• Record the request of a task execution - When launching tasks on some form of infrastructure like Kubernetes or CloudFoundry, there can be a lag between the time the task execution is requested vs when it actually starts. Compounding this issue is the fact that if there is a problem with the platform, the task may not get launched at all. If this does occur, you’ll still want a record of the request. Spring Cloud Task 1.1.0 introduces the ability to record that a task is expected to start prior to it’s execution actually beginning. Allowing the launcher to record this request and the task itself will update it’s status accordingly.

  • Additional database support for the task repository - 1.1.0 introduces a community contributed schema to support DB2 as a datastore for the task repository.

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Spring Cloud Data Flow for Kubernetes 1.1 RC1 released

On behalf of the team, I am pleased to announce the release of the first release candidate of Spring Cloud Data Flow for Kubernetes 1.1.

Spring Cloud Data Flow for Kubernetes provides support for orchestrating long-running (streaming) and short-lived (task/batch) data microservices on Kubernetes.

The most significant change for this release can be found in the Spring Cloud Deployer for Kubernetes project. Thanks to community contributions from Donovan Muller and Rémon (Ray) Sinnema, we have added support for defining volumes and volume mounts for deployed apps. We support the volume types that have a model supported by the Fabric8 Kubernetes client’s kubernetes-model.

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This Week in Spring - November 21st, 2016

Welcome to another installment of This Week in Spring! This week I’m.. home! It’s Thanksgiving this week here in the states, after all. I am sure that I speak for the entire Pivotal team when I say that we are grateful for you, the most wonderful community on the planet. Thanks so much, and if you’re celebrating Thanksgiving, then happy Thanksgiving to you! When you’re finished with your meal - barely able to keep an eye open - I hope you’ll find a comfy arm chair and take in some of the content in this week’s roundup.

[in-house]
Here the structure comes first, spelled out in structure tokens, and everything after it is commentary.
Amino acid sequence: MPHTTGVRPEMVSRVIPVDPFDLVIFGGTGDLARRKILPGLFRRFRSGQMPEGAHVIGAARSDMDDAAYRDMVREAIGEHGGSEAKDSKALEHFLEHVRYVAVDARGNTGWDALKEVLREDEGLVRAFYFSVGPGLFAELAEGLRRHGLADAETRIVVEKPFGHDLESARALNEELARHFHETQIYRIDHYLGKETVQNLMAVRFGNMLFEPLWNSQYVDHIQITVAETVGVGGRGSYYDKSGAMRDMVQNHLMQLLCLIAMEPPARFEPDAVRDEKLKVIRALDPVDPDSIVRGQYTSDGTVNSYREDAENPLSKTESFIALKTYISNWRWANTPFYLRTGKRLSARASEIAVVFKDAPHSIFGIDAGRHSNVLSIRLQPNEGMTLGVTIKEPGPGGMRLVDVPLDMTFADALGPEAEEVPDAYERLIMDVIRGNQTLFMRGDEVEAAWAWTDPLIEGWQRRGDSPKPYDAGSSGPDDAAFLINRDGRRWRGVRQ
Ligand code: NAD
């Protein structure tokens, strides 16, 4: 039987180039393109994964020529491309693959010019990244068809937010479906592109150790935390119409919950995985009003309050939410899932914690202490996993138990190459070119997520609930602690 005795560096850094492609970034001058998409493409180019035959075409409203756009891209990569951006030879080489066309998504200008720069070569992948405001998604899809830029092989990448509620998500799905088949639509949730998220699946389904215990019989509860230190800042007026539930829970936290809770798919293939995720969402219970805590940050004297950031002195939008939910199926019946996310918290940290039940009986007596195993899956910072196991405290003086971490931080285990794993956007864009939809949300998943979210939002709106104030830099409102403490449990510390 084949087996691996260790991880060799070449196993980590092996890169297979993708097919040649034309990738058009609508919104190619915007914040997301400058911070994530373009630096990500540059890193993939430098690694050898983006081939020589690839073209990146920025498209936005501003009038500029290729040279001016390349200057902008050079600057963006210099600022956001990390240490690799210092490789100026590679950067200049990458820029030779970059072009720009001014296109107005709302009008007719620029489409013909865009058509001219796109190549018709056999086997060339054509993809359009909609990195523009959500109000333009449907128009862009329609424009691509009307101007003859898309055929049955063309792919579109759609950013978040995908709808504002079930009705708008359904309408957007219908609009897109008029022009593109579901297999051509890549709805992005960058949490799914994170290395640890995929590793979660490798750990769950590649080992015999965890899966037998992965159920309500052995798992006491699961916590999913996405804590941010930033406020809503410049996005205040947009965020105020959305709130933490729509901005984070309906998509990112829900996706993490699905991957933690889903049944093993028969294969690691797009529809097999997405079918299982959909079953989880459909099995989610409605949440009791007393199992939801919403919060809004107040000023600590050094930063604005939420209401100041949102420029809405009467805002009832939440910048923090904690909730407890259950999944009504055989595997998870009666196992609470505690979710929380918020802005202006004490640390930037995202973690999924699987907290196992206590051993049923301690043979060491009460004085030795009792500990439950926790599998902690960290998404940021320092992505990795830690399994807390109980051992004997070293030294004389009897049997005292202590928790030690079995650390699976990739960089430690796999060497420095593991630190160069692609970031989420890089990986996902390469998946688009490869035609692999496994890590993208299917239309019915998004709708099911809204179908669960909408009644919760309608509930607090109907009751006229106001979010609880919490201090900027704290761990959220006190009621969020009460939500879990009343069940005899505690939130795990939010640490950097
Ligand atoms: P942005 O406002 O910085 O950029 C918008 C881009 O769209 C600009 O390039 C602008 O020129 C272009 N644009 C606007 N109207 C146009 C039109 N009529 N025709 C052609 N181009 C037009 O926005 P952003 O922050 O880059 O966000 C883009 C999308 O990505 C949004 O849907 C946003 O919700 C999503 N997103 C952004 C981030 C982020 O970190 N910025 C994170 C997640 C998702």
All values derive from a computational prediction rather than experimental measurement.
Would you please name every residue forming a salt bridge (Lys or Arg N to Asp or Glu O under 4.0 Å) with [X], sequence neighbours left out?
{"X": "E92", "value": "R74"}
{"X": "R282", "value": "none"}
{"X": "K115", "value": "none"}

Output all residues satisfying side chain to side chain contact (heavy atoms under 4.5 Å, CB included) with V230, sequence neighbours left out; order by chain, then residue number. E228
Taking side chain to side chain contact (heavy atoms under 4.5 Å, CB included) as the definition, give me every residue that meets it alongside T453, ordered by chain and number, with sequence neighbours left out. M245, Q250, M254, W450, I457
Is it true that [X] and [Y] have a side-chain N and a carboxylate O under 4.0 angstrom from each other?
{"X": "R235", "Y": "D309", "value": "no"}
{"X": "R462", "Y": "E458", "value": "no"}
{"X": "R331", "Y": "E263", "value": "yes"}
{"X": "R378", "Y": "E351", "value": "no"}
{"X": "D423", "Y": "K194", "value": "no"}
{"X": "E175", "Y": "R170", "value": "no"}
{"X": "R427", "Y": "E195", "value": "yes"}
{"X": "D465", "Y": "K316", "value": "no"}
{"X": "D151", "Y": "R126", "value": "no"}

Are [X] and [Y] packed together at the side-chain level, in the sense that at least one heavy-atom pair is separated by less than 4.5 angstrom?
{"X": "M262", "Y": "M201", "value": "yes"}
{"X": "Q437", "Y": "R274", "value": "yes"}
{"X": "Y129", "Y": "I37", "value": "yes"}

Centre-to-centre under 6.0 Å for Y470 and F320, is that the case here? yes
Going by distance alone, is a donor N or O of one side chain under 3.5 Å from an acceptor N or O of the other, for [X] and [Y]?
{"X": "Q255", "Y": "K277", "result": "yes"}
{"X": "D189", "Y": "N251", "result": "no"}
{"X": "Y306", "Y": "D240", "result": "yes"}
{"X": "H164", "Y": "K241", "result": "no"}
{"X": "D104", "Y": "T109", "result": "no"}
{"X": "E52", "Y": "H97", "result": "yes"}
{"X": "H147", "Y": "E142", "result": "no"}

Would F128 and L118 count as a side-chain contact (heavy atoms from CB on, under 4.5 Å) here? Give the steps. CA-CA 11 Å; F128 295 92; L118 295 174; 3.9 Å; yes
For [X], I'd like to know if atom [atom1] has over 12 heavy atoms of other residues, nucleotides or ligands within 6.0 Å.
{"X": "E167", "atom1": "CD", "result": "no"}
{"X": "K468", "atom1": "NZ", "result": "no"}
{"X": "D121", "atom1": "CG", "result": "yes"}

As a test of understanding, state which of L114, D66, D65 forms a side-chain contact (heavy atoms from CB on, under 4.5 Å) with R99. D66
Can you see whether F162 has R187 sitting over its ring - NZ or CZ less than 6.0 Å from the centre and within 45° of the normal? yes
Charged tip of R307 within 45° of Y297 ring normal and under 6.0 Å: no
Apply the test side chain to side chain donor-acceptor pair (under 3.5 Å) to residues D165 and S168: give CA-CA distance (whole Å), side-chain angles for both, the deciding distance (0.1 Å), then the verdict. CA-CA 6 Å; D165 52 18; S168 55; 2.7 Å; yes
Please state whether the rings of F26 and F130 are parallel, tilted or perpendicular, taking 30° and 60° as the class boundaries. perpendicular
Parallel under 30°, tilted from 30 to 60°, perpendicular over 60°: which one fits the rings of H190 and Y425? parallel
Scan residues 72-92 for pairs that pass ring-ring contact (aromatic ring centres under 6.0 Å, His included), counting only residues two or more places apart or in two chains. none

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The Joy of Mustache: Server Side Templates for the JVM

I don’t do much server-side templating, but when I do…​ well frankly, I tend to forget things. Every template language has its strengths and weaknesses, and they all have syntax to remember, and more frequently to forget. Recently I completed some work on the old Spring Petclinic, converting it to use Thymeleaf in the view layer, and re-organizing the code to be a bit more "modern". I enjoyed working with Thymeleaf 3, and found it a pleasant experience, but had to spend a lot of time scanning documentation and samples. Then I had another little project that needed some templates, and I remembered my fondness for Mustache, which we added to Spring Boot back in version 1.2, and which plays an important role in the excellent Spring REST Docs tool. I added spring-boot-starter-mustache to my new project, and was up and running within seconds.

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SpringOne Platform 2016 Replay: Building applications with Angular JS and Spring Security

Recorded at SpringOne Platform 2016.
Speaker: Dr. David Syer
Slides: http://www.slideshare.net/SpringCentral/building-applications-with-angular-js-and-spring-security

In this presentation we show some nice features of Spring Security, Spring Boot and Angular JS working together to provide a pleasant and secure user experience. Things to consider are cookies, headers, native clients, various security vulnerabilities and how modern browser technology can help us to avoid them. In this series we show how nicely features of the component frameworks can be integrated simply to provide a pleasant and secure user experience. We start with a very basic single-server implementation and scale it up in stages, splitting out backend resources and authentication to separate services.